I must create a system, or be enslaved by another man's. I will not reason and compare: my business is to create.

- William Blake

Friday, May 12, 2017

Fixing the Charisma problem

Charisma as a dump stat? No way! I'm talking old school D&D here - Charisma is TOO powerful, if anything.

But let's start from the beginning...

Yes, I'm still rewriting Moldvay Basic, one page at a time (and I hope you like that because there will be a few extra posts in the same vein before I finish...).

One things that retro-clones often do when rewriting Moldvay is "unifying" the Charisma 18 to +3 instead of +2 to get it in line with Strength, Intelligence, Constitution, etc. 

This is usually a bad idea, because Charisma is too important in Basic.

If you have a +3 bonus to add to reaction tables, you will seldom, if ever, encounter a hostile monster (less than 3% chance), and almost ALL your offers will be accepted by hirelings (well, you can always offer them LESS money to get a chance of failure, which is a good idea). But, basically, a +3 bonus wrecks the typical 2d6 table (below). In fact, even a +1 bonus to a 2d6 table can often destroy some interesting possibilites. Immediate attack can be fun from time to time!





RollResult

2Immediate attack

3-5Hostile

6-8Uncertain, confused

9-11No attack, monster leaves

12Enthusiastic friendship




Not to mention retainers, or the fact that while some abilities may seem useless for some classes, Charisma can be useful for everybody. Always nice to have a few more fighters by your side!

But I kinda like "unified" stuff lately, and even big ability bonuses - as long as it works. How to fix this?


My current solution to this is that PC modifiers apply ONLY to d20 stuff (with the exception of weapon damage): attacks, AC, saving throws, etc. This allows me to use bigger modifiers (up to +5 for Strength 20, for example) while still leaving chance for failure (I'm currently using d20 skills).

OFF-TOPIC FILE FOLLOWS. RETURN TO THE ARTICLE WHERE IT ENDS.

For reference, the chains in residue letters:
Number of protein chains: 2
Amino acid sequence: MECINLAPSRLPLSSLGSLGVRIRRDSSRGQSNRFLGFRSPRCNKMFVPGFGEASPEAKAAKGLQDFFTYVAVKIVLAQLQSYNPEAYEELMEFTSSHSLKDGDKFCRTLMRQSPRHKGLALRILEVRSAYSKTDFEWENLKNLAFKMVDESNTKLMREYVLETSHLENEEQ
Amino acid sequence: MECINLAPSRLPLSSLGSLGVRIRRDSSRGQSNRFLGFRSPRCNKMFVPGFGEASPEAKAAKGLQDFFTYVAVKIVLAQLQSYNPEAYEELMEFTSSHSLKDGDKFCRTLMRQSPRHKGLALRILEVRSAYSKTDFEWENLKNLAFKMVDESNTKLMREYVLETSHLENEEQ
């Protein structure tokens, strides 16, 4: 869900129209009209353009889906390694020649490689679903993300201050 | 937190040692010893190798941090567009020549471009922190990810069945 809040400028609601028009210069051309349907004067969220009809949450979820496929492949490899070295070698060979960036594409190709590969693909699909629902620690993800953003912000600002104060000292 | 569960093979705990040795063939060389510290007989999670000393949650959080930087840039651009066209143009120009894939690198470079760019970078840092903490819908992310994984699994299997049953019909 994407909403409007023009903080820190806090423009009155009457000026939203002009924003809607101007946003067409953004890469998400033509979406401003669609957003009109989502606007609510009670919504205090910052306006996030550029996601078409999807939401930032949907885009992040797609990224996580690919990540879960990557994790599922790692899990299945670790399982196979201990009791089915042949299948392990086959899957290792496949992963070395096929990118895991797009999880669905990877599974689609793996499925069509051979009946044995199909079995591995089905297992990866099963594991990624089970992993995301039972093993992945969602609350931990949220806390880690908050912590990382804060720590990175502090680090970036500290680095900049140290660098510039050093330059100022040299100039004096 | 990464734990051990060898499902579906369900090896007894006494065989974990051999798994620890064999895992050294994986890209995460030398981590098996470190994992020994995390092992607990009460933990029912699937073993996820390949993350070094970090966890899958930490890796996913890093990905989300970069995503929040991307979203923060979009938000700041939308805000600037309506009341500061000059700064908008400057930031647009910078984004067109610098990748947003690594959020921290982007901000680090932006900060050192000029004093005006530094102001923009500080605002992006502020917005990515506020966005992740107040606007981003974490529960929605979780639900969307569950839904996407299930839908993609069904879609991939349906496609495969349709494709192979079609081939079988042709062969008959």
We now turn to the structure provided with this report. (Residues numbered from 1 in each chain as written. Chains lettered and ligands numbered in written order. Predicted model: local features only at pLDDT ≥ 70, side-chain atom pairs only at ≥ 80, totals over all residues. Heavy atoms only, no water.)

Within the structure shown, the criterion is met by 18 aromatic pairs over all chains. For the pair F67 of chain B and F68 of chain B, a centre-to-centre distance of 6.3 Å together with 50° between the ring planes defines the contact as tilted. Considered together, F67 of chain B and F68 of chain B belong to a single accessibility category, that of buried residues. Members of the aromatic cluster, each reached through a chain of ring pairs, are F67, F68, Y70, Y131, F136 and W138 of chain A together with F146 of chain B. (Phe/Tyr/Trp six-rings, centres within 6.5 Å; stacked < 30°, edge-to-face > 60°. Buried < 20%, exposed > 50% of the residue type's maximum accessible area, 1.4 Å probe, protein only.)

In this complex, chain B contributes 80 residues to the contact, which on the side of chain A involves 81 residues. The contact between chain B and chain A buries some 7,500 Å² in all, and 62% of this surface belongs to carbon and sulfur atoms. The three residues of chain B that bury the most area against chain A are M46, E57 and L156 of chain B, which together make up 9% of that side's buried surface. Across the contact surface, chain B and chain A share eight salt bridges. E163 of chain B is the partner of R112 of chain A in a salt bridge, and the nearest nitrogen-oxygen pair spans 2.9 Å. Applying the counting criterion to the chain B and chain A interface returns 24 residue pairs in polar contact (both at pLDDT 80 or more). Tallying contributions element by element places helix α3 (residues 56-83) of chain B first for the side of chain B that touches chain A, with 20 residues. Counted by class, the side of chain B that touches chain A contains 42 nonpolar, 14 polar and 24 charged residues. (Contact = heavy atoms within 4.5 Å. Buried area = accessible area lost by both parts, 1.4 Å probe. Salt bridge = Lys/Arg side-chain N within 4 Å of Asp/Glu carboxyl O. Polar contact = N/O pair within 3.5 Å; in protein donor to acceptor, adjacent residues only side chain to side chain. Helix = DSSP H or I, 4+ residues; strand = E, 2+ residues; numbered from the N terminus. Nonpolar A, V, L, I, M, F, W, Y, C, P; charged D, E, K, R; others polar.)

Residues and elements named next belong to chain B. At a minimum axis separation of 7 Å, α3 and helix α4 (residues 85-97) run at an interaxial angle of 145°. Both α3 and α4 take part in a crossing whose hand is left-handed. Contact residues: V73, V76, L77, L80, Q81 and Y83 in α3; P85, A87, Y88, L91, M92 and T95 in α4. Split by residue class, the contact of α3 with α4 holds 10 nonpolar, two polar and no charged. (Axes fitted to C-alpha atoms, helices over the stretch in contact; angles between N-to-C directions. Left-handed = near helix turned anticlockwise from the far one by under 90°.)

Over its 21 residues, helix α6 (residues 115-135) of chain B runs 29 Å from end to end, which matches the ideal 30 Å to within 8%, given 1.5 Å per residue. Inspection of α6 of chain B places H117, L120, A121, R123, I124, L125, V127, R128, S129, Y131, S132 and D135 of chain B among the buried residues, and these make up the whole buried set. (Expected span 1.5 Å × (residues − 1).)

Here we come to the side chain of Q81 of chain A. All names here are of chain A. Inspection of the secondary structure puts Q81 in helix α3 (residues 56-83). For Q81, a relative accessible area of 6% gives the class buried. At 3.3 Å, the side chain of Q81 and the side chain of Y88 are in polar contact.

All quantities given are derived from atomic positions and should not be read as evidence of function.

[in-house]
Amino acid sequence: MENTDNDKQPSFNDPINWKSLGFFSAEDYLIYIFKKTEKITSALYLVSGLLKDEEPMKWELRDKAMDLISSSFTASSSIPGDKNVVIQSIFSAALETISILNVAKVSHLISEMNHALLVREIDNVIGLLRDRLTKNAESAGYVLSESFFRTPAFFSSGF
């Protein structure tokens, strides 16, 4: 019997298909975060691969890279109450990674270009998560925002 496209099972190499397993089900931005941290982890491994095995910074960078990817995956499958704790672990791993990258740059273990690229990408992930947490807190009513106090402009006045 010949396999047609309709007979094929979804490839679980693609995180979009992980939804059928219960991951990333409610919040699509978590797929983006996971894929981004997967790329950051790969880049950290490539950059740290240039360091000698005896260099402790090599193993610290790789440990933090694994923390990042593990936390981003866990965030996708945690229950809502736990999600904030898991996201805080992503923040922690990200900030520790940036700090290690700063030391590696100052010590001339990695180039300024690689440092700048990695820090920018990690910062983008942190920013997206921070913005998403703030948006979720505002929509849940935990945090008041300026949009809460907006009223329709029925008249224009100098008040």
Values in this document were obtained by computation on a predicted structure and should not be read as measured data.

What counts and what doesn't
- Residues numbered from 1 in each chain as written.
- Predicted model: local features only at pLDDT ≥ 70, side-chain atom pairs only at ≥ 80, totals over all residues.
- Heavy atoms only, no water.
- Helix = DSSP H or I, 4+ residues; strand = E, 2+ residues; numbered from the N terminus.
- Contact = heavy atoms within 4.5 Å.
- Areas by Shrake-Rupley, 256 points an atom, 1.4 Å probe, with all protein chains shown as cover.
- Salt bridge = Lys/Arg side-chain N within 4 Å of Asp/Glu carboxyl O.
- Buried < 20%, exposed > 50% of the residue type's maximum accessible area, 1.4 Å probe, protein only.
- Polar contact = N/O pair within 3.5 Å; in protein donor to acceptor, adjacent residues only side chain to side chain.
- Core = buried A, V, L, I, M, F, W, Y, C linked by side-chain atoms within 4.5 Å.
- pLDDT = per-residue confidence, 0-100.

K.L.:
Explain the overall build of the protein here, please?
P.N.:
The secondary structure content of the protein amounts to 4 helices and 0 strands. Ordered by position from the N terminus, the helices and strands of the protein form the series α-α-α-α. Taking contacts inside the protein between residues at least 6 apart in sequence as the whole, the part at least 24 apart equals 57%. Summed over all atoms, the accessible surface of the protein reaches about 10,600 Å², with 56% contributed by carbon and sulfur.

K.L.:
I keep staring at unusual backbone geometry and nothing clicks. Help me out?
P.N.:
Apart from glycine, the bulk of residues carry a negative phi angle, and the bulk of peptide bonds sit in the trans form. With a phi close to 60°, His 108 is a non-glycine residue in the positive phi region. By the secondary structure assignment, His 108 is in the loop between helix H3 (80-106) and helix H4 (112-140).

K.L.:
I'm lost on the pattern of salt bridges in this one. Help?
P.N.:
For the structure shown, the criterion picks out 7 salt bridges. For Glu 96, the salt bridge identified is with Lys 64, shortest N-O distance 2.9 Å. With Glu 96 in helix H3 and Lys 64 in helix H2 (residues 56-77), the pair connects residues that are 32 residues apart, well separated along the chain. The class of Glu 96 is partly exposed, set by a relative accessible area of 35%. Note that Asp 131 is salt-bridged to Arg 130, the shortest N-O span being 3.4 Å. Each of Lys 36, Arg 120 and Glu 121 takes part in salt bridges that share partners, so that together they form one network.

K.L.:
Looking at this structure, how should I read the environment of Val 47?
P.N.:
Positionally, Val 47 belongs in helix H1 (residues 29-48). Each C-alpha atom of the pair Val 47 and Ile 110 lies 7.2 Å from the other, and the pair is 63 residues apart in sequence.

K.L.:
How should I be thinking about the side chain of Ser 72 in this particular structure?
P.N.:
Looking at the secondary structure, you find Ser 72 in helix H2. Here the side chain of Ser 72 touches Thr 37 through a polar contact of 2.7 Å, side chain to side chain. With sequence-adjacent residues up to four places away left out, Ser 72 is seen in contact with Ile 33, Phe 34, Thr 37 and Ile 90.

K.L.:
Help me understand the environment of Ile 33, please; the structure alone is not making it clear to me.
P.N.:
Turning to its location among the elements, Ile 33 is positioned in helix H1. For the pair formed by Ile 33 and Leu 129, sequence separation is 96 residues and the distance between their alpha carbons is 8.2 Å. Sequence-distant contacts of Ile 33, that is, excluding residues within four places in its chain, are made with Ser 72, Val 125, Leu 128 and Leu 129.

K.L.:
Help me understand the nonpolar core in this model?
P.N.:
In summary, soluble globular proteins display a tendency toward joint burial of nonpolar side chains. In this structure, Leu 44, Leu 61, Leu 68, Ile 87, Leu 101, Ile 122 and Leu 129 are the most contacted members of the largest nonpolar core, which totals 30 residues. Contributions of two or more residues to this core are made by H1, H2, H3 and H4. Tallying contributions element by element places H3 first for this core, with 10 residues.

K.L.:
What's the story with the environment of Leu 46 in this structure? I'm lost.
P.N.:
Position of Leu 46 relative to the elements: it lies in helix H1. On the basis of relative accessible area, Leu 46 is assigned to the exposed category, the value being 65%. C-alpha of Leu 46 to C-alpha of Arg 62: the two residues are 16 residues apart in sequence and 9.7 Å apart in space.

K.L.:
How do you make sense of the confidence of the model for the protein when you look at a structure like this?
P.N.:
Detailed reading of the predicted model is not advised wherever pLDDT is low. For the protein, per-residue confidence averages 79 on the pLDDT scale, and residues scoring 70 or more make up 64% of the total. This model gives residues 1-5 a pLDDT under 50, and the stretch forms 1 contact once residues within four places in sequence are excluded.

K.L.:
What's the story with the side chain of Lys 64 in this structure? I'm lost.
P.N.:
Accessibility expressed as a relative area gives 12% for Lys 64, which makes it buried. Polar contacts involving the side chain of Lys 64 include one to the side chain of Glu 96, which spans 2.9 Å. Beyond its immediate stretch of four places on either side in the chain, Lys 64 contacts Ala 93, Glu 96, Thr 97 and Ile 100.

2d6 tables are DM's tools: they define NPC reaction, weather, etc., but suffer no influence from PCs' stats.

What PCs can do is use their own actions (roleplaying) and (d20) skills to improve the results of the DM's roll. Thus, a Paladin with Charisma 18 (+3) and Persuasion +5 rolls 1d20, with a +8 bonus and a DC of 15 (for example), to turn a hostile creature uncertain, or to make and uncertain retainer accept an offer.

A similar check allows a warlord to rally the troops after they fail a morale check (I make retainers check morale once per combat, unlike Moldvay).

This is a nice way to use 2d6 tables in 5e without changing the system; use them as DM's tools.

5 comments:

  1. Greetings, first post here.

    Here’s a thought: how about using 3d6 tables, with ample intervals for each type of reaction?

    I understand it will flatten the distribution curve, but it might be able to withstand the hefty +3/+4 mods that a 5e char usually bandies around.

    Also, as someone who has had very limited contact with the older editions, a question prompts itself: who exactly modifies the reaction roll? The party "leader"? The character taking the point/closest to the creature? Whoever has the highest modifier?

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    Replies
    1. I tried 3d6 tables; they might work. Lately, I've been trying to use "unified" mechanics, so I try to minimize the number of different rolls I use. So far, I've been using a d20 roll for all skill checks; 3d6 is better in many ways, but 1d20 is more "archetypal D&D", it seems, and I'm enjoying it.

      About "whose charisma is it", I think the best answer (both for Moldvay, IMO, and me) is "the character doing the talking".

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    2. Thanks for the comment BTW! And welcome to the blog!

      Delete
  2. Going to make an assumption that since you're using DC/skill checks, you're NOT using 1-minute combat rounds.

    Since the initial reaction roll of an encounter is an instantaneous first impression, you're right that you don't want to directly apply any Charisma modifiers to that roll.

    However, rather than a Persuasion skill check to directly modify the reaction state up or down, allow roleplaying to permit further reaction rolls, up to the limit of the leader's Charisma.

    That is, if everyone has Cha dumped, the reaction roll is the reaction roll. Better leaders will parley, and may talk their way into further chances. Persuasion checks would be for specific favors, besides "don't attack us".

    Also, these discussions take precious time...

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    Replies
    1. Your assumption is right! I do mention in my clone that players might prefer giving up the initiative/surprise in order to allow a parley.

      Allowing further reaction roll is a decent idea.

      I do agree that role-playing is often better than rolling Charisma, but I want to find some balance in there; even OD&D mentions a character's charisma will affect monsters' attitudes.

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